As a way to explain this verse, His Divine Grace A. C. Bhaktivedanta Swami Prabhupada points to the factory worker. The person in karma cares about the outcome, such as in how much money they are making, when the day is going to end, and if they are improving their material situation. The person in Krishna consciousness, or bhakti, does the work as a matter of obligation. Whatever results they get go to Krishna, who is God. He is the same God for everyone, though He is more clearly drawn out. Krishna is considered the original form, though the Supreme takes many other non-different forms as well, all of which are just as worshipable. The term “God” is a way of addressing Krishna when the worshiper doesn’t necessarily know what He looks like. The worshiper has a foggy conception of a supreme controller, so the full effect of bhakti is lacking due to the missed interaction with the all-attractive features found only in the Supreme Personality of Godhead.
This verse was spoken by Krishna to the warrior Arjuna some five thousand years ago. Factories most certainly did not exist at the time. Does this mean that Shrila Prabhupada has fabricated a purport? Has he conjured up a brand new interpretation? Actually, the meaning is still the same, just the frame of reference is a little different. Since people today know what a factory is, the reference to it helps to explain the verse. Someone else, in a different setting, can make reference to a corn field to make the same point. In more recent times, someone could make reference to the office desk and sitting in front of a computer all day to explain the same truth. Though the explanations may be different, the truth is not altered. Thus the single interpretation of the verses of the Gita remains intact.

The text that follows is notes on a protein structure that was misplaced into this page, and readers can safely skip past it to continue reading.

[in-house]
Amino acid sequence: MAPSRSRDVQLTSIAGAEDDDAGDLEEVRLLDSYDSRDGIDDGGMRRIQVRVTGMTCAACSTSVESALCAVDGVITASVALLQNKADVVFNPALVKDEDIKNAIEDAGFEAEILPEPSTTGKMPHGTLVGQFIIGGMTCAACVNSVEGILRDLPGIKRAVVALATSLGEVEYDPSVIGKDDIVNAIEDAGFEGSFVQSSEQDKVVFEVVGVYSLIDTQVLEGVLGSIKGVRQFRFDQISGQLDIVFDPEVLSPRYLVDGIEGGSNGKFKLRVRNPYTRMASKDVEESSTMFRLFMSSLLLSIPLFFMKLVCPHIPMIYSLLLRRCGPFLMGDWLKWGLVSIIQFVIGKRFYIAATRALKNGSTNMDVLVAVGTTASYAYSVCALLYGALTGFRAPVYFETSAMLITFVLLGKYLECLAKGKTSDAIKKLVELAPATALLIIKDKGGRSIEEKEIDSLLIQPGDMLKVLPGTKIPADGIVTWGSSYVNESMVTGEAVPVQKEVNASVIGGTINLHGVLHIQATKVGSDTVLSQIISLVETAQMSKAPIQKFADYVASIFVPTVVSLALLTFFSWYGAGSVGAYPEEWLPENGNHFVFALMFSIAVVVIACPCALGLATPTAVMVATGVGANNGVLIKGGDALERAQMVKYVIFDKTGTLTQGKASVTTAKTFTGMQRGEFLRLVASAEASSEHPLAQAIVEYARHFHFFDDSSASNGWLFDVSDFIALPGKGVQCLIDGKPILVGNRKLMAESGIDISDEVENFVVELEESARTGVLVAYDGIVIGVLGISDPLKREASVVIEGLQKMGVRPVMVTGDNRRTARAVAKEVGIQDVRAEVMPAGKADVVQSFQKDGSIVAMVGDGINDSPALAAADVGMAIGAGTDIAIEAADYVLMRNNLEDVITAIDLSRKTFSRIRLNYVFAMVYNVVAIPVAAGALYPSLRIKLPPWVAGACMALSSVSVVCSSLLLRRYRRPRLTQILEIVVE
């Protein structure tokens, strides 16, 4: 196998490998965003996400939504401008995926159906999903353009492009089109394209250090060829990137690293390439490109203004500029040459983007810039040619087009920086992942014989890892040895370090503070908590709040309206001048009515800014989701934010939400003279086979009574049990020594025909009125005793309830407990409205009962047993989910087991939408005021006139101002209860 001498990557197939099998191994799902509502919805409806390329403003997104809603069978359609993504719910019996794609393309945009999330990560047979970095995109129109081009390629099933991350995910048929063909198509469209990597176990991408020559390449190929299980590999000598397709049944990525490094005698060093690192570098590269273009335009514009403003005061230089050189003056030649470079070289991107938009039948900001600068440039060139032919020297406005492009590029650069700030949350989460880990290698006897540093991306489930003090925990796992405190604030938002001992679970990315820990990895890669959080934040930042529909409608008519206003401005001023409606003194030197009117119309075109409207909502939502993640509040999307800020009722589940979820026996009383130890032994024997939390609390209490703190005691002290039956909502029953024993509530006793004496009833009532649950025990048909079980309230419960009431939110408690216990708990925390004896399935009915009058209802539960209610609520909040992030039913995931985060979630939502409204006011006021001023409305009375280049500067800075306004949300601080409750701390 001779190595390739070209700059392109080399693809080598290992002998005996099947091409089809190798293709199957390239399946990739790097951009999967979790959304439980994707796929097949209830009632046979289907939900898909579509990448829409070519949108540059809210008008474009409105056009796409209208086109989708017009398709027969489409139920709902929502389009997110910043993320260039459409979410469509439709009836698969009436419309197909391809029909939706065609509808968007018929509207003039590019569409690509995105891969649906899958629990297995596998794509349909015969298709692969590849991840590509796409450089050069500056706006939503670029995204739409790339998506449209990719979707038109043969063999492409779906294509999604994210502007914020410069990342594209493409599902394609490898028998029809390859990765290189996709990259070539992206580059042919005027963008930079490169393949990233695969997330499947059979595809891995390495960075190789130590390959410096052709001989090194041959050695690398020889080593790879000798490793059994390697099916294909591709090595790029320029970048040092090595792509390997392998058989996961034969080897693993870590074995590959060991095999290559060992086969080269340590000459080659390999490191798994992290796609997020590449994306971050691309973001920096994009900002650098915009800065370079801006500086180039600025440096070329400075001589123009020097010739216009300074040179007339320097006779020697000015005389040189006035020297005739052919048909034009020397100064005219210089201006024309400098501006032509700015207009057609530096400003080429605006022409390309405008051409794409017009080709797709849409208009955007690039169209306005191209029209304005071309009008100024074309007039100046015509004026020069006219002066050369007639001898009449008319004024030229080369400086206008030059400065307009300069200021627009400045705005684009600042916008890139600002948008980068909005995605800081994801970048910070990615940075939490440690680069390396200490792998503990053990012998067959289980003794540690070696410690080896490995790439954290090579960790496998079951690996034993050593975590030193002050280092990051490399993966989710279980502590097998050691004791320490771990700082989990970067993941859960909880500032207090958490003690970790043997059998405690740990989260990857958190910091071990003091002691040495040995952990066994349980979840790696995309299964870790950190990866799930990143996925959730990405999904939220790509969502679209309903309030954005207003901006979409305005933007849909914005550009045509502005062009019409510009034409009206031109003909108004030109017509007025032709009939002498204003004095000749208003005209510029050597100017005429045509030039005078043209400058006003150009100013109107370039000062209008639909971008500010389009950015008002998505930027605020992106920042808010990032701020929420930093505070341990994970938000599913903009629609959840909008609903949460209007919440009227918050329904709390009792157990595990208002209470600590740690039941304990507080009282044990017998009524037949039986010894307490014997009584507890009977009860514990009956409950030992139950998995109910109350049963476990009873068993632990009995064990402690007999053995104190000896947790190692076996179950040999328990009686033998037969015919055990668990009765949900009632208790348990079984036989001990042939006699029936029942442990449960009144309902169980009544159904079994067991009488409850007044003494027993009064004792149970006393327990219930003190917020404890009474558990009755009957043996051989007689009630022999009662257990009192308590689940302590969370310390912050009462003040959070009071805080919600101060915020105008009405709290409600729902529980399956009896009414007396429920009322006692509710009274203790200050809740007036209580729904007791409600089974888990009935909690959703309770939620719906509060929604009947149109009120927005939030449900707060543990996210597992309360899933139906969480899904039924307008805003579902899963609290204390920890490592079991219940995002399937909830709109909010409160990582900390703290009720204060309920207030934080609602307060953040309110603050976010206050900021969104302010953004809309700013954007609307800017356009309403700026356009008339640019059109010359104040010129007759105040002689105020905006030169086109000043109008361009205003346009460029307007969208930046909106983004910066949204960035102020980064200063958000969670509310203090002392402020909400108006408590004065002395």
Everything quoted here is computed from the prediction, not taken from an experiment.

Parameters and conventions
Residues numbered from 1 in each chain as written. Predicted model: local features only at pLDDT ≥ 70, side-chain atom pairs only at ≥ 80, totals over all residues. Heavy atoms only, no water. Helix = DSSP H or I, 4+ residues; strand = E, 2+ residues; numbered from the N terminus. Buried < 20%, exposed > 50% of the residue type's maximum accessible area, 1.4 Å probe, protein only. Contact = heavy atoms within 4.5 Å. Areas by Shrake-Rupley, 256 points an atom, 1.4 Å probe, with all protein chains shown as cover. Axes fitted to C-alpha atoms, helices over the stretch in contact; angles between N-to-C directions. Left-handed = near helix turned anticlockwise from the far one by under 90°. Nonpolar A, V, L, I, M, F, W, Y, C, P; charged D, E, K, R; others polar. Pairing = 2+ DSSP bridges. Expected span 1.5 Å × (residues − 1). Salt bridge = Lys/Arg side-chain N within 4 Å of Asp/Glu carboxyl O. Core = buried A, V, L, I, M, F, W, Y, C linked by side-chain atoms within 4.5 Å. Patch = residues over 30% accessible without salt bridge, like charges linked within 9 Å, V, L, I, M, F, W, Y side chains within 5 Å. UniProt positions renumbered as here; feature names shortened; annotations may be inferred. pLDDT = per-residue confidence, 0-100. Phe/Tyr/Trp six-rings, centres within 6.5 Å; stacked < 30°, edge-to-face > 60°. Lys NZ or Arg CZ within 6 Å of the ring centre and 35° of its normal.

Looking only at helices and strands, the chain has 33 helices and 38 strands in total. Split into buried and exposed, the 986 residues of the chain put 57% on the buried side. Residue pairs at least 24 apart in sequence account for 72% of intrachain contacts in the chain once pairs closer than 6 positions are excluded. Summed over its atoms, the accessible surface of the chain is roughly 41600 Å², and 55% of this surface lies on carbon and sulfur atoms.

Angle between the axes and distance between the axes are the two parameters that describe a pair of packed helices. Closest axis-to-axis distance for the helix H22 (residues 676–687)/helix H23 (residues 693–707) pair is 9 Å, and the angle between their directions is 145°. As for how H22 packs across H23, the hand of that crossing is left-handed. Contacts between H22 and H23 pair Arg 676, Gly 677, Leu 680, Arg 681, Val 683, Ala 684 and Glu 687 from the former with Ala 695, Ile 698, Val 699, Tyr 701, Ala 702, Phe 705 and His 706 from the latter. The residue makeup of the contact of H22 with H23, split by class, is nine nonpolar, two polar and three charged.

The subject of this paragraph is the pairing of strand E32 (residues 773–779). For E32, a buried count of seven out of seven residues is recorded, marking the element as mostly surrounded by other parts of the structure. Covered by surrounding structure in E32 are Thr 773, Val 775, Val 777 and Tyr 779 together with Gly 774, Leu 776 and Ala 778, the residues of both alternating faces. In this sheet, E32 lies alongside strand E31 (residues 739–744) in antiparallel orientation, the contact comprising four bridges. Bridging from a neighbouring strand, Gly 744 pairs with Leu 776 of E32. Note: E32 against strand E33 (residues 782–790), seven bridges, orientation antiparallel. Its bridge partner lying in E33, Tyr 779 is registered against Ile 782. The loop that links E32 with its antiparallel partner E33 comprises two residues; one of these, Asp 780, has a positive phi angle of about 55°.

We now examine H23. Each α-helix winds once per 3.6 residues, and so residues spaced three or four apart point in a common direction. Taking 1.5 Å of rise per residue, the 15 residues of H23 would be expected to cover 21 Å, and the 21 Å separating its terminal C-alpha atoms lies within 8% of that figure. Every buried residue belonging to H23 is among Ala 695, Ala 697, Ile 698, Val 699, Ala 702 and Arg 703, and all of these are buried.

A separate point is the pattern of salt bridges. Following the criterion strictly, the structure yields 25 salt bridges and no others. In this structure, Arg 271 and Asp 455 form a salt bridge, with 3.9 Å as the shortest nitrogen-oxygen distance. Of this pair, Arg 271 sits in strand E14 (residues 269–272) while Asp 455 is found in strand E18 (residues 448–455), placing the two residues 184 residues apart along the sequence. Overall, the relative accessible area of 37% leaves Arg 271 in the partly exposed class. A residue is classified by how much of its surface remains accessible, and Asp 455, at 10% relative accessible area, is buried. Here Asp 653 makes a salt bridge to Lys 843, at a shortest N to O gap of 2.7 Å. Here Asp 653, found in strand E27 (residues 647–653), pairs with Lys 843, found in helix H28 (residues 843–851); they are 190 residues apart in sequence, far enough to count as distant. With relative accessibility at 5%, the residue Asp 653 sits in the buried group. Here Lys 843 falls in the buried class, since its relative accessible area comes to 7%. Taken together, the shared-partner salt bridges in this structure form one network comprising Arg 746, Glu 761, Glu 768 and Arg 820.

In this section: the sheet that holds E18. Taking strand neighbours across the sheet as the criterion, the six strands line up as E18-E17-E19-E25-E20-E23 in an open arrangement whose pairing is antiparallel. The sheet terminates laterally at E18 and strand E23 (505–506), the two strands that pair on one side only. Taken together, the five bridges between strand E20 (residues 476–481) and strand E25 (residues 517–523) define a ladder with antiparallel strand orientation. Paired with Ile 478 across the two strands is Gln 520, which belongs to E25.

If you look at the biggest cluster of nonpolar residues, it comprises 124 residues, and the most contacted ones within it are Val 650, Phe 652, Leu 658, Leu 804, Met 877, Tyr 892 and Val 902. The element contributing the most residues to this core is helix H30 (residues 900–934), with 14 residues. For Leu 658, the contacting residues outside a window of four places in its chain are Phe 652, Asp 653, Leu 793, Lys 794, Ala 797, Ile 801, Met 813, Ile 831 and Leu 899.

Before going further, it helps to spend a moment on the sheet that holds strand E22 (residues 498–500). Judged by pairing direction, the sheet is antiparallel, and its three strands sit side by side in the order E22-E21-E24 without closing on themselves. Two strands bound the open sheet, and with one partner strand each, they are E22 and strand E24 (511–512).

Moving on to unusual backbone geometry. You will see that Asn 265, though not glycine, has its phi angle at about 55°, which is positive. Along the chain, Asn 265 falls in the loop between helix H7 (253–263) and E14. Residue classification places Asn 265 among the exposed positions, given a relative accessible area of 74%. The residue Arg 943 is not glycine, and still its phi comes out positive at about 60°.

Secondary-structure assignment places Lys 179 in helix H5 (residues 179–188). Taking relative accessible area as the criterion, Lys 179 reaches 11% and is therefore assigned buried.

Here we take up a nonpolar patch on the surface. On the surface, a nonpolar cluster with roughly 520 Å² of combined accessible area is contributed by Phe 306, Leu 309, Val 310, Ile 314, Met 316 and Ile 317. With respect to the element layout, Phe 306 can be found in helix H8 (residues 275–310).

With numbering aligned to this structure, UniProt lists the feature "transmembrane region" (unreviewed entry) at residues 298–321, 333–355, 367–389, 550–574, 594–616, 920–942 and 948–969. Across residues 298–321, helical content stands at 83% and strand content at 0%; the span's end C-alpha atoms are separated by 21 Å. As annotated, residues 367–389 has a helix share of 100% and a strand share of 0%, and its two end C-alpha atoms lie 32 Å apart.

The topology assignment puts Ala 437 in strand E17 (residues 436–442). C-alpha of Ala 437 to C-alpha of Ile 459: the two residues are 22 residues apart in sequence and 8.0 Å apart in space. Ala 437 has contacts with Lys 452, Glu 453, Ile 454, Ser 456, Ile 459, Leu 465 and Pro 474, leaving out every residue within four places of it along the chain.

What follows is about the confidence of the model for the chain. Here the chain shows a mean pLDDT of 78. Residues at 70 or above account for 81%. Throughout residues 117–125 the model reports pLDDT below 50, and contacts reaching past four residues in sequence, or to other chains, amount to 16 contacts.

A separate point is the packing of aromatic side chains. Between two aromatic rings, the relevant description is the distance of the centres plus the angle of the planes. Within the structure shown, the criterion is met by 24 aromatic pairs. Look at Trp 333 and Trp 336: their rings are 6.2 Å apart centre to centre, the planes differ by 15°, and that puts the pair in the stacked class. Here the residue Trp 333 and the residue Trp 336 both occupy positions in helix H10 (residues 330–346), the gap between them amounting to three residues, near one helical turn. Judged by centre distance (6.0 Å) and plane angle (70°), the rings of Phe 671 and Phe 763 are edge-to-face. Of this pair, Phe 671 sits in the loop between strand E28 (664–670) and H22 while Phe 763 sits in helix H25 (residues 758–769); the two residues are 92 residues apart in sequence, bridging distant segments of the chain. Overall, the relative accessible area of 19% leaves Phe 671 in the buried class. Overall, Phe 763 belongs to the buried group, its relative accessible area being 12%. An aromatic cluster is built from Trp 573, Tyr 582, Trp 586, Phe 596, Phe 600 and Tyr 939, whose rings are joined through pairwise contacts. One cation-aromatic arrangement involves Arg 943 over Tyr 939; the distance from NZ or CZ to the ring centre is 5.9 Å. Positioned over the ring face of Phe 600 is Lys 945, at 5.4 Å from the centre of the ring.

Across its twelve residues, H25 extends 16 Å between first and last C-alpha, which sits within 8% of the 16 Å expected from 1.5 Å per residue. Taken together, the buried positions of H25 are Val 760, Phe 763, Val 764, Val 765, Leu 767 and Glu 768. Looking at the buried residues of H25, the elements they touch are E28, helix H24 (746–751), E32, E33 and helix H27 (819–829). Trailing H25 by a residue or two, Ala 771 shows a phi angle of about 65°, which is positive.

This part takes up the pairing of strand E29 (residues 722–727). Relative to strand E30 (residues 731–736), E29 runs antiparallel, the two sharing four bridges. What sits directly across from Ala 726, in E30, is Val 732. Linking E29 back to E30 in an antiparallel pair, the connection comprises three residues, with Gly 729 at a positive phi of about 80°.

The Gita is a conversation between two people. It is not a matter subject to interpretation. There are facts presented by the authority figure, namely Krishna, and they are then accepted by the humble disciple, Arjuna. Since there was an underlying culture during the time the Gita was spoken, explanations of the verses are required in subsequent generations. That culture is virtually absent today, so unless one is familiar with it, somewhat living in it themselves, they will not understand what the verses mean. It would be like eavesdropping on a conversation between two people and not knowing the context. Then the mind could go wild speculating as to the meaning.
The same is already done with the Gita, and the results are not very good. Unaware that the same Krishna is described in so many other Vedic texts, the foolish commentators speculate as to whether Krishna exists at all. “Perhaps He represents something more meaningful, like an abstract. And Arjuna thus might represent something else.” Such nonsense speculation is unnecessary, as the singular interpretation is still available from authorized sources. Since they know that their interpretation is the only valid one, they have no fear in titling their translation, “Bhagavad-gita As It Is.”
New explanations for time are legit,
Like to factory and in office to sit.
But interpretation of Gita only one,
Other meanings to verses none.
“As It Is” strong words to choose,
The acharya in their title to use.
That Krishna is real they know,
Not afraid to proclaim it proudly so.